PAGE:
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Jaffe v. Pournaras

Superior Court of Rhode Island

June 23, 2016

WILLIAM C. POURNARAS, Trustee of the Irrevocable Living Trust of Constantine W. Pournaras, Trustee of the Constantine Pournaras Living Trust, and Personal Representative of the Estate of Constantine W. Pournaras Defendant.

          For Plaintiff: Rebecca M. Murphy, Esq.

          For Defendant: James A. Bigos, Esq.


          SILVERSTEIN, J.

         Currently before the Court are cross Motions for Summary Judgment. The Motions arise out of the interpretation of the estate planning documents executed by Constantine W. Pournaras (the decedent). Plaintiff, Elaine Jaffe (Jaffe), is the decedent's surviving daughter and Defendant, William C. Pournaras (Pournaras), is the decedent's surviving son.


         Facts and Travel

         The decedent passed away on November 10, 2012. His estate plan consisted of three documents. The first, the Constantine W. Pournaras Living Trust (the Living Trust), was created on December 2, 1993, amended and restated on August 22, 2003, and amended and restated again on October 17, 2008. The second, the Constantine W. Pournaras Irrevocable Living Trust (the Irrevocable Trust), was created on August 22, 2003. The third, the Last Will and Testament of Constantine W. Pournaras (the Will), was executed on October 17, 2008.

          The Living Trust, as restated on October 17, 2008, named the decedent as Trustor and Pournaras as Successor Trustee. It directed the Trustee to pay the decedent's residuary estate to Pournaras and further provided that "[i]f my trust own liquid resources, [the] trustee shall pay to . . . ELAINE A. JAFFE[] the sum of Fifty-Thousand ($50, 000) Dollars from those liquid resources." The Second Amendment and Restatement of the Living Trust, Article IV, Section 1.b.

         The Irrevocable Trust similarly named the decedent as Trustor, but named Pournaras as Initial Trustee rather than Successor Trustee. Upon the decedent's death, the Trustee of the Irrevocable Trust was directed to divide "into separate and equal shares . . . all of the Trust Estate not previously distributed, " Irrevocable Trust, Article VIII, Section 1, and to "create one share for each of [the decedent's] then living children, " id. at Section 1.a.

         The Irrevocable Trust also reserved to the decedent the power, "exercisable by written instrument during [his] lifetime or by Will or any Codicil thereto, to appoint any part or all of the Trust Estate to or for the benefit of any of [his] descendants, in equal or unequal amounts, either directly or in Trust, as [he] may direct." Id. at Article IV, Section 2. This "limited power of appointment" was not to be exercised "in favor of [the decedent's] estate, the creditors of [his] estate or in any way that would result in any economic benefit to [the decedent]."[1] Id.

         The Will directed the decedent's Personal Representative to "distribute [the decedent's] residuary estate to the then acting Trustee of the . . . Living Trust." Last Will and Testament, Section 6.01. The Will defined the decedent's residuary estate as "any property over which [he] may have a power of appointment and any insurance proceeds which may be payable to [his] estate, less all valid claims asserted against [his] estate and all expenses incurred in administering [his] estate, including expenses of administering non-probate assets and expenses of determining any tax occasioned by [his] death." Id. at Section 5.01.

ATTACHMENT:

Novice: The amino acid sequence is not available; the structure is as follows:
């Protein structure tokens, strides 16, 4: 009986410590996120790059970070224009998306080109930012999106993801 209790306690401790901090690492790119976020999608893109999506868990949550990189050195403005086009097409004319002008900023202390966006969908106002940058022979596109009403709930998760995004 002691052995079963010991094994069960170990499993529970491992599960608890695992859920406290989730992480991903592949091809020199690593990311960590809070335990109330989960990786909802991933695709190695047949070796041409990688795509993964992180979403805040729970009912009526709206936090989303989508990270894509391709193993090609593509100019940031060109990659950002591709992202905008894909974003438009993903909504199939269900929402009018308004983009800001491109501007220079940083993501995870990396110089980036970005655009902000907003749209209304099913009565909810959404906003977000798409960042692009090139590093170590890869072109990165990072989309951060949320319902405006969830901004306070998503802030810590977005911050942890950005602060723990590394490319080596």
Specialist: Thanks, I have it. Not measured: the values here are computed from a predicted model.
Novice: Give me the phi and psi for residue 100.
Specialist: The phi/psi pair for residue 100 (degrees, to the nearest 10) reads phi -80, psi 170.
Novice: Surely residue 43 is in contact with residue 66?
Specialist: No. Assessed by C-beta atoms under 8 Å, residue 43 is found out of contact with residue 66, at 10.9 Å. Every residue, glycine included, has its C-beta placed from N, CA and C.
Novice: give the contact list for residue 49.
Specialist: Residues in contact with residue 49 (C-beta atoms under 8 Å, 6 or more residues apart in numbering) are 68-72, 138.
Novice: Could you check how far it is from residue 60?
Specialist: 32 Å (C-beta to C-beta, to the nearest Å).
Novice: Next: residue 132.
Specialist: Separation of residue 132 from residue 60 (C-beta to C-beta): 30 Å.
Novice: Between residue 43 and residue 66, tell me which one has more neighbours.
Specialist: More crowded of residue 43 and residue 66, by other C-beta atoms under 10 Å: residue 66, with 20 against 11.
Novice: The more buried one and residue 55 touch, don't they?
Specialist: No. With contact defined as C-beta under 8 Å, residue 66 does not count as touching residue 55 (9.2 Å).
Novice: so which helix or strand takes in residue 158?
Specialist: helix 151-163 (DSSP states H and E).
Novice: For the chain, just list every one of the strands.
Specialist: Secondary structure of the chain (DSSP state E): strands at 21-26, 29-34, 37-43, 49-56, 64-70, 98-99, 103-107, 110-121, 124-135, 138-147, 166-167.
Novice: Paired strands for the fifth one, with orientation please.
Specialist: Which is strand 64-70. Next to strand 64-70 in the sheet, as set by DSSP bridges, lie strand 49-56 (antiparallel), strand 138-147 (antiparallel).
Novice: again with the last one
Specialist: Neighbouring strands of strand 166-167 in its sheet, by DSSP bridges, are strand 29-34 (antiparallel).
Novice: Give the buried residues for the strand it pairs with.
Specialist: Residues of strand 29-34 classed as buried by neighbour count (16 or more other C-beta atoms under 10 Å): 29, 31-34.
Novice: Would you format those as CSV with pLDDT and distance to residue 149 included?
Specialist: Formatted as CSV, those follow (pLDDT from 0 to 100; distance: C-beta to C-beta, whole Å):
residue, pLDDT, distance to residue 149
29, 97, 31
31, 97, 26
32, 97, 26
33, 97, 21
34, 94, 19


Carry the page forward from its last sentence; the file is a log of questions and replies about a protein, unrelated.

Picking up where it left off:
In January 2014, Pournaras filed a Petition for Probate of the Will in the City of Cranston Probate Court. The Will was admitted for Probate, and Pournaras was appointed Personal Representative of the estate. Shortly thereafter, Jaffe brought her Declaratory Judgment action.

         In her Complaint, Jaffe alleged that Pournaras intends to "recognize . . . Article Four, Section 2 provision of the Irrevocable Trust as a valid exercise of the Limited Power of Appointment, "[2] Complaint ¶ 25, and will "transfer assets from the Irrevocable Trust to [the decedent's] estate, " id. Jaffe further alleged that this "contravenes [the decedent's] clear and unequivocal intention as expressed in Article Four, Section 2 of the Irrevocable Trust, " id. at ¶ 26, "is contrary to . . . applicable law, " id., and "would deprive [her] of her entire inheritance . . . with the exception of the $50, 000 gift she is to receive under the terms of the Living Trust, " id. at ¶ 27. Jaffe has asked this Court to rule that the decedent's limited power of appointment has not been properly exercised, and to grant summary judgment in her favor as to the construction of the testamentary instruments. Jaffe also asks the Court to remove Pournaras as Trustee of the Irrevocable Trust and to issue a preliminary injunction prohibiting Pournaras from transferring the assets of the Irrevocable Trust into the decedent's estate.[3]

         In his Counterclaim, Pournaras alleged that "[t]he inclusion of the language provisions of Section 5.01 of the [Will] was an intentional and planned exercise of that limited power of appointment contained within Article IV, Section II of the [Irrevocable Trust]." Counterclaim at ¶ 17. Pournaras then requested, in his capacity as Personal Representative of the decedent's estate and as Trustee of the Irrevocable Trust, a judgment declaring that the Will contains a ...

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